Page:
As a college professor, I know that assigning a student a grade of “F” for Failed is very likely to bring down a hail of argument, pleading and rancor. States that are labeled “failed” or “failing,” on the other hand, are usually silent about the epithet – and may even welcome it if aid arrives in its wake.
Failed states have been held responsible for almost all of the world’s security problems: from the diffusion of nuclear weapons technology to the flows of undocumented immigrants. The term became popular after the familiar Cold War binaries were rendered useless. Failed states entered the mainstream vocabulary in the United States after the 9/11 attacks. The problem with Afghanistan, many said, was not so much that it was an enemy state, and more that it wasn’t much of a state at all.
Governments, think tanks and NGOs began deploying the term “failed state” to justify their invasions, counsels and budget requests, until it lost its meaning. We do have some systematic attempts at measurement: the State Fragility Index (constructed by the Center for Systemic Peace), the Peace and Instability Conflict Ledger (out of the University of Maryland’s Center for International Development and Conflict Management) and the Failed States Index (put together by the Fund for Peace and Foreign Policy). This last is probably the most widely-read, and denizens of some troubled spots – like Kenya, which moved out of the top (sic) 15 failed states in 2011 – might be paying attention to the rankings. It’s fair to assume, though, that citizens or policymakers in Somalia (1st for four years running) or Haiti (six places higher in 2011) aren’t much moved.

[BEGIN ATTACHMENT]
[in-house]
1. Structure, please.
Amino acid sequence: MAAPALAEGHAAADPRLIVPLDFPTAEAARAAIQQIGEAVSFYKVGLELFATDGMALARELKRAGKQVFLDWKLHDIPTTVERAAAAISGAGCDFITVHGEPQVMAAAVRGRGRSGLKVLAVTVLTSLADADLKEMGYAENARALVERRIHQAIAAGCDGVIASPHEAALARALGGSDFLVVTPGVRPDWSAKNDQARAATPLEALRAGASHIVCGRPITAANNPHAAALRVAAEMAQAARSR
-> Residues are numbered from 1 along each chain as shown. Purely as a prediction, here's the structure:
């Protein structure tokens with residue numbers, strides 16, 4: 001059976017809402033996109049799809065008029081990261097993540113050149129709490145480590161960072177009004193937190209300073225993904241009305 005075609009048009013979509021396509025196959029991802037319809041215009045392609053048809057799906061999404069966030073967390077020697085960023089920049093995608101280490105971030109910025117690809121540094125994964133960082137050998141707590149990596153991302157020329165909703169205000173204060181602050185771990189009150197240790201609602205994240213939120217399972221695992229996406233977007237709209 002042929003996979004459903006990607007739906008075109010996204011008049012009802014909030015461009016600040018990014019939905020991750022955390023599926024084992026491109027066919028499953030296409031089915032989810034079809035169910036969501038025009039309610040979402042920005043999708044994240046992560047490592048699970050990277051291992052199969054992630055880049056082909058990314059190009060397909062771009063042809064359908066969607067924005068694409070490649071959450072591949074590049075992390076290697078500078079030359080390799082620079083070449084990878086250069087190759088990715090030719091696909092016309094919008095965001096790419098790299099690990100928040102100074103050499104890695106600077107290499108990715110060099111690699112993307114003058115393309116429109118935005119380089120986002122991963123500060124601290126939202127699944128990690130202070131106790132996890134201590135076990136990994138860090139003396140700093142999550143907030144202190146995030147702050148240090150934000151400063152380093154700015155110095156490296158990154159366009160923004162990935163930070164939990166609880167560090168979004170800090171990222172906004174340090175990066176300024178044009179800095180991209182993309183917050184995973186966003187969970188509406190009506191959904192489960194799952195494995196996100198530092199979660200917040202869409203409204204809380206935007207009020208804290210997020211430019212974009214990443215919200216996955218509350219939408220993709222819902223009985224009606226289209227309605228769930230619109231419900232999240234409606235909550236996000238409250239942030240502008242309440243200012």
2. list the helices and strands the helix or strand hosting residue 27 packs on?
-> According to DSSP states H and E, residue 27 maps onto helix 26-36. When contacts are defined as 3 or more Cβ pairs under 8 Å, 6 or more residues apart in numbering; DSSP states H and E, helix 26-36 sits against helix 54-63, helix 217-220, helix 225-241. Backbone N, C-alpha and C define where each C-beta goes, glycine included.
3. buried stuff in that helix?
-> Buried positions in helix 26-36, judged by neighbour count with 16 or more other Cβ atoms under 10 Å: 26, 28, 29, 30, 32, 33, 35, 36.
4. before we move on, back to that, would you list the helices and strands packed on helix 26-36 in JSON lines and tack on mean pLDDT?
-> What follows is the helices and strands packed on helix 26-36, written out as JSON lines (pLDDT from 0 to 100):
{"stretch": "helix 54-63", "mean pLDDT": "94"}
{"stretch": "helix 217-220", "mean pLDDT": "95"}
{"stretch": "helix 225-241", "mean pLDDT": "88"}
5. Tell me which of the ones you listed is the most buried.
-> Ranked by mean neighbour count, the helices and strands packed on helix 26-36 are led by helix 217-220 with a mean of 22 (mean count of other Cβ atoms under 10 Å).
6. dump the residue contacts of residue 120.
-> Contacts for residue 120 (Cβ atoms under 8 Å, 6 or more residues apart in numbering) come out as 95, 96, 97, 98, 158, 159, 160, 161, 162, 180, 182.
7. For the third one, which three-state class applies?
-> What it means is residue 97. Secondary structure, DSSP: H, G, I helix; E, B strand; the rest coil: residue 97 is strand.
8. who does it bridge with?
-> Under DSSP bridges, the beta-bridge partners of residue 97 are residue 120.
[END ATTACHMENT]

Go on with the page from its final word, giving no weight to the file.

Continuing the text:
The U.S. invasion of Afghanistan was justified in part with the argument that state failure had allowed terrorist groups, most importantly, al-Qaeda to find sanctuary and flourish in that country. Significantly, it’s the state that is said to have failed – not just a particular government or regime. Thus, the only solution would involve externally-induced state-building. To their credit, both the Bush and Obama administrations have attempted to reconstruct Afghan institutions – including an elected government – while simultaneously waging bloody war against the resurgent militants with their own ideas about nation- or state-building.
Now that the United States has begun to withdraw its troops, the question arises of how to determine whether Afghanistan is still failing. Clearly, it falls short on many of the standards of organized political life. Top U.S. leaders have reiterated that their goal can’t be to make Afghanistan into Switzerland, or even a Jeffersonian democracy. Interestingly, Afghanistan’s mercurial President Hamid Karzai rejected the label of “failed state.” Perhaps it’s a heartening sign that there now exists an Afghan governing class (however authoritarian, corrupt, or ineffective) that is willing to reject the label of failure?
Volker Boege and his co-authors have suggested that the real failure is that of researchers and political analysts who have adopted the lazy shorthand of state failure to cover a vast range of shortcomings in governance. Others have written about the failure of imagination in seeing borderlands only as wastelands or ungoverned spaces, rather than sites of interaction and innovation. Perhaps the time is ripe for us to grade the concept of “failed state” itself, and assess whether it’s conceptually sound and a good guide to policy.
Karthika Sasikumar is an assistant professor of Political Science at San Jose State University in California. Her research and teaching focus on international security issues and South Asia.